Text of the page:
An the human eye can only distinguish so much of resolution. Similar to
camera megapixels. For average size photos, the human eye can't view
beyond 6 megapixels, some can see 8. The difference is during enlarging
when they become noticeable.
Only some of those, the more expensive organic LED ones, are that.
The full array LED TVs just use LEDs for backlighting, not for generating
No more Sony crap for me. I had one of their $2000 LCD TVs, it lasted abou
4 years, then the cable that's bonded to the panel started to separate,
resulting in first just a bad line or two, then progressive picture loss.
I googled, found it was a common problem, lots of pissed off customers.
I took it apart, managed to do so gluing and retrofitting to try to push
against it, keep it in contact. That worked for about 3 months.
Sony offered a couple hundred bucks
off one of their new TVs as their idea of how to make up for it. I said
screw you, Thanksgiving Black Friday I picked up a Westinghouse 55" at
target. Four years later, it's still perfect and the picture is perfectly
fine, I don't miss the Sony baloney.
I also had one of their home theater systems that failed after just a
few years too. That was weird too. The inputs went, one at a time.
When it first stopped working I switched from electrical to optical and
that worked for another year or so. Then that input went, I think I
switched again and then none worked.
You must have missed my followup post where I specified over the air stations.
I don't think TV stations are in any hurry to spend the big bucks to go to the
ATSC 3.0 standard.
It took forever to go to digital.
I seem to recall that there was a problem with overheating and differing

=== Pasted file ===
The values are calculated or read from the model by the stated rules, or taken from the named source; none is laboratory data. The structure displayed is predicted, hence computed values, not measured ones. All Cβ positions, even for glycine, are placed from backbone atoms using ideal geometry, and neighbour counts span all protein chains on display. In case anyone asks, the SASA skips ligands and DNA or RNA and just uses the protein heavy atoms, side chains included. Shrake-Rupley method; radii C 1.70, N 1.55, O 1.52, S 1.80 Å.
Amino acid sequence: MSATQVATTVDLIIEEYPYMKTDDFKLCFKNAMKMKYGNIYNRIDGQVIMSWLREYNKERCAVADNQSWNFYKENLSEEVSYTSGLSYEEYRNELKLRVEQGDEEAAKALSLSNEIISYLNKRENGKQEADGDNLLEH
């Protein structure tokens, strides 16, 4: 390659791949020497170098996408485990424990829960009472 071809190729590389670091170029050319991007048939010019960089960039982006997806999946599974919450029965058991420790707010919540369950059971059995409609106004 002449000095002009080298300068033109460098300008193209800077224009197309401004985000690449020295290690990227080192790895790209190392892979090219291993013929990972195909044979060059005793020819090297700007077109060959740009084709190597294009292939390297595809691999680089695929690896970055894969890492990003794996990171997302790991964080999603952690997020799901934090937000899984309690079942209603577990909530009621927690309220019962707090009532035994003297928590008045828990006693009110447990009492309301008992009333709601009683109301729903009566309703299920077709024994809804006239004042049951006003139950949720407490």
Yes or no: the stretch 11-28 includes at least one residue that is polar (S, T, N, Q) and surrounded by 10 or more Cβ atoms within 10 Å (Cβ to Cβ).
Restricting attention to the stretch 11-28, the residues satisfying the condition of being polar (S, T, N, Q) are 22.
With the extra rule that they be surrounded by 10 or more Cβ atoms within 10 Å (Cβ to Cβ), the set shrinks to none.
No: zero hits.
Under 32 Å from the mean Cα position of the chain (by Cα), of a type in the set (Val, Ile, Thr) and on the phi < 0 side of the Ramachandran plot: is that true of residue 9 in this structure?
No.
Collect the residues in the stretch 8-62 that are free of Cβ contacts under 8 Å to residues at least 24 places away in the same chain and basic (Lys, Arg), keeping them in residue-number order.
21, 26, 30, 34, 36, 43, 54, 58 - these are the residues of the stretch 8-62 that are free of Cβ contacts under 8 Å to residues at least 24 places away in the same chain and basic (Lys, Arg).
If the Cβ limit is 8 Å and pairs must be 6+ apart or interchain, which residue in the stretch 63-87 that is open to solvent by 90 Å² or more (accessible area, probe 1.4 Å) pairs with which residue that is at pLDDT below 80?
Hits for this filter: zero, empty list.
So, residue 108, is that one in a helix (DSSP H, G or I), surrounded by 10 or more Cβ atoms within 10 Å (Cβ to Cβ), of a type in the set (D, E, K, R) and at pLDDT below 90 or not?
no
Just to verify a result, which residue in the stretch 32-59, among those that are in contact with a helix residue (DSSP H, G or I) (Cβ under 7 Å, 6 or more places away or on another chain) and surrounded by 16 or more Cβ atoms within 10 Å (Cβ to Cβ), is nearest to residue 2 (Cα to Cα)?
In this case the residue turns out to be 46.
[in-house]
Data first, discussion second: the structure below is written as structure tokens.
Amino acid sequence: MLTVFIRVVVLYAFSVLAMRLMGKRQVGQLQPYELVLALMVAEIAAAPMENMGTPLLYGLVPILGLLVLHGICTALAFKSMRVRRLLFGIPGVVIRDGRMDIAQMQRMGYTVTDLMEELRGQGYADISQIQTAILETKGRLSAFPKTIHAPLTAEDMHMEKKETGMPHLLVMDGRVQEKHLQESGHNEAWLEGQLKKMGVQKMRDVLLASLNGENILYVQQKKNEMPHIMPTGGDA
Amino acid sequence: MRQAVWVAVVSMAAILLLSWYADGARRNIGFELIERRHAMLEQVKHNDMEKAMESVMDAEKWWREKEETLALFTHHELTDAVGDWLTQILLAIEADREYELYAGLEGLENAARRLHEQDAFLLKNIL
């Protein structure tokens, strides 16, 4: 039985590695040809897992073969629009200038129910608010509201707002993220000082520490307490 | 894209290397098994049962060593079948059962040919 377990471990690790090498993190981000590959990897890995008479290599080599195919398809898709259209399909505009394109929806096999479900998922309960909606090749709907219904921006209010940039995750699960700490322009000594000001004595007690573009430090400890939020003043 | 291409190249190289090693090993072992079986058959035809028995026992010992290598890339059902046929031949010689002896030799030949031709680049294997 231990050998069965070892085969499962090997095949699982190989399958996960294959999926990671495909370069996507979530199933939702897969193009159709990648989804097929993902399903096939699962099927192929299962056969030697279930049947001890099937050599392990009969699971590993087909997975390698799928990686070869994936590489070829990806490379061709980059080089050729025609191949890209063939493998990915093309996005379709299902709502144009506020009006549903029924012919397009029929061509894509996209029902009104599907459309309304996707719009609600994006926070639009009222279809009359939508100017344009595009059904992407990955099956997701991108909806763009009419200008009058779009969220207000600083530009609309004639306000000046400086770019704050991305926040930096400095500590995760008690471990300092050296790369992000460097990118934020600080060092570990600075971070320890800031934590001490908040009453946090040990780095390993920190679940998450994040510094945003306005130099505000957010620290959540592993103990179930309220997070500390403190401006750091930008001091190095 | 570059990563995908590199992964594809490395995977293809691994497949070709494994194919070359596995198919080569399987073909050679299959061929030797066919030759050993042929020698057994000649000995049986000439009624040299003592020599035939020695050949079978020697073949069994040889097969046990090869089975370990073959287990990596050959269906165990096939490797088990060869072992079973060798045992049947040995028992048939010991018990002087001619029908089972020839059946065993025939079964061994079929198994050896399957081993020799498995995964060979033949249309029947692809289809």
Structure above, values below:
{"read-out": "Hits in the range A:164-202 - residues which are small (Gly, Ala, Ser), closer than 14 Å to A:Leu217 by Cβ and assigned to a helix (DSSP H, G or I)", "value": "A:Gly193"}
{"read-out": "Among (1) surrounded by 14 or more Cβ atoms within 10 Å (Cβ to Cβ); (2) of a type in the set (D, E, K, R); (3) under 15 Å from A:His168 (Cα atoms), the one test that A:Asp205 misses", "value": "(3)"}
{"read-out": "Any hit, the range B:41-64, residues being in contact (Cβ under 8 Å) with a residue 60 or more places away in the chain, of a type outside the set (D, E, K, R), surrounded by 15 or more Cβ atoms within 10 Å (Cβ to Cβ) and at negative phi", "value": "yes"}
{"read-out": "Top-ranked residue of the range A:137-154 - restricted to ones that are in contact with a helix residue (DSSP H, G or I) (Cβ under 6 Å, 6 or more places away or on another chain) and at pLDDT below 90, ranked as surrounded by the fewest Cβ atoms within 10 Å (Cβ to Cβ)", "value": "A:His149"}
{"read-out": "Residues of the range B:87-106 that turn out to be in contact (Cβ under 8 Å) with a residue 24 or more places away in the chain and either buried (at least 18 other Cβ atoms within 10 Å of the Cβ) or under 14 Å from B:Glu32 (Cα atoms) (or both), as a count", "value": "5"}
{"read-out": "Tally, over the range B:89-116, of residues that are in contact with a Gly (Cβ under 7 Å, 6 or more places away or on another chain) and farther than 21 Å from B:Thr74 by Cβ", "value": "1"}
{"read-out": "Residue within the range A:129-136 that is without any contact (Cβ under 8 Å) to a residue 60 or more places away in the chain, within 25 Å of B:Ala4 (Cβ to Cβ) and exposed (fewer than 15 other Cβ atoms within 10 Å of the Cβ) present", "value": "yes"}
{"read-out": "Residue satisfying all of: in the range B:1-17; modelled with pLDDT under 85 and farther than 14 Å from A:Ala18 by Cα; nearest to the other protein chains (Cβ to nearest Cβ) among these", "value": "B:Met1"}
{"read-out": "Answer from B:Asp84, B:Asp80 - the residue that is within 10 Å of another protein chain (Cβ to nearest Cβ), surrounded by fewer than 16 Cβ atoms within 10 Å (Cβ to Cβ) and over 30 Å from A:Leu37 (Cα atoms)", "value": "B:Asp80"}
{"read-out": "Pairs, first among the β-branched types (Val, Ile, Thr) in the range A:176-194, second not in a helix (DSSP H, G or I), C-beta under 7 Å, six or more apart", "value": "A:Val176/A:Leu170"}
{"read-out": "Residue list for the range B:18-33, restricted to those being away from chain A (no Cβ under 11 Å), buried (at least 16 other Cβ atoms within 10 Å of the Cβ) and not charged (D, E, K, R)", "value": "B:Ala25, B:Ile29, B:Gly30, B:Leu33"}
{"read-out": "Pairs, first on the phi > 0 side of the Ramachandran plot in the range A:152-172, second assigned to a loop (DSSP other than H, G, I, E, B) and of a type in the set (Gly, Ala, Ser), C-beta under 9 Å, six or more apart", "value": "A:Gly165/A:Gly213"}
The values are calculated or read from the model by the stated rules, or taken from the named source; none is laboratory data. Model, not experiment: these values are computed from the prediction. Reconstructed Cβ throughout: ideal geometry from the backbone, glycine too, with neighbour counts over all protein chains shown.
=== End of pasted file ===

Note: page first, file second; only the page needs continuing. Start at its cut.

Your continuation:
efficiencies and light vs current curves of the colours. Also the colours
may look right but often were not.
I don't know what the likes of Sony are doing but I guess it depends on
I would not say they are any worse or better than others, but sadly in
today's market the makers do tend to cut corners, and depending on which
corners get cut it affects life.
Samsung tend to suffer with cheap capacitors, Sony often don't test
enough, this particularly shows in mechanical rigidity, and firmware cock
ups. Panasonic expensive gear seems very good, but it looks like the cheaper
end are badge engineered off the shelf products.
Large TV sets are on offer with OLED technology. 55 inch, 65 inch, prices to match.
There are a limited number of OLED substrate suppliers. It appears
the materials are modular enough, to scale up the design.
There are different types as well. QD is Quantum Dot.
"Quantum dots have properties intermediate between bulk semiconductors and
discrete atoms or molecules. Their optoelectronic properties change as a
function of both size and shape"
"Another pain-point for LG will be that Samsung's QD-OLED will
actually use the "problematic" blue pixel as its light source and
use red and green QD colour filters that in theory, decrease the
chance of burn-in. If Samsung's QD-OLED is able to achieve this,
and avoid burn-in, the panels will actually be able to show
"true colours" as it will not use white pixel filters."
It appears the writers of these articles have taken a few
too many "drama classes" in school.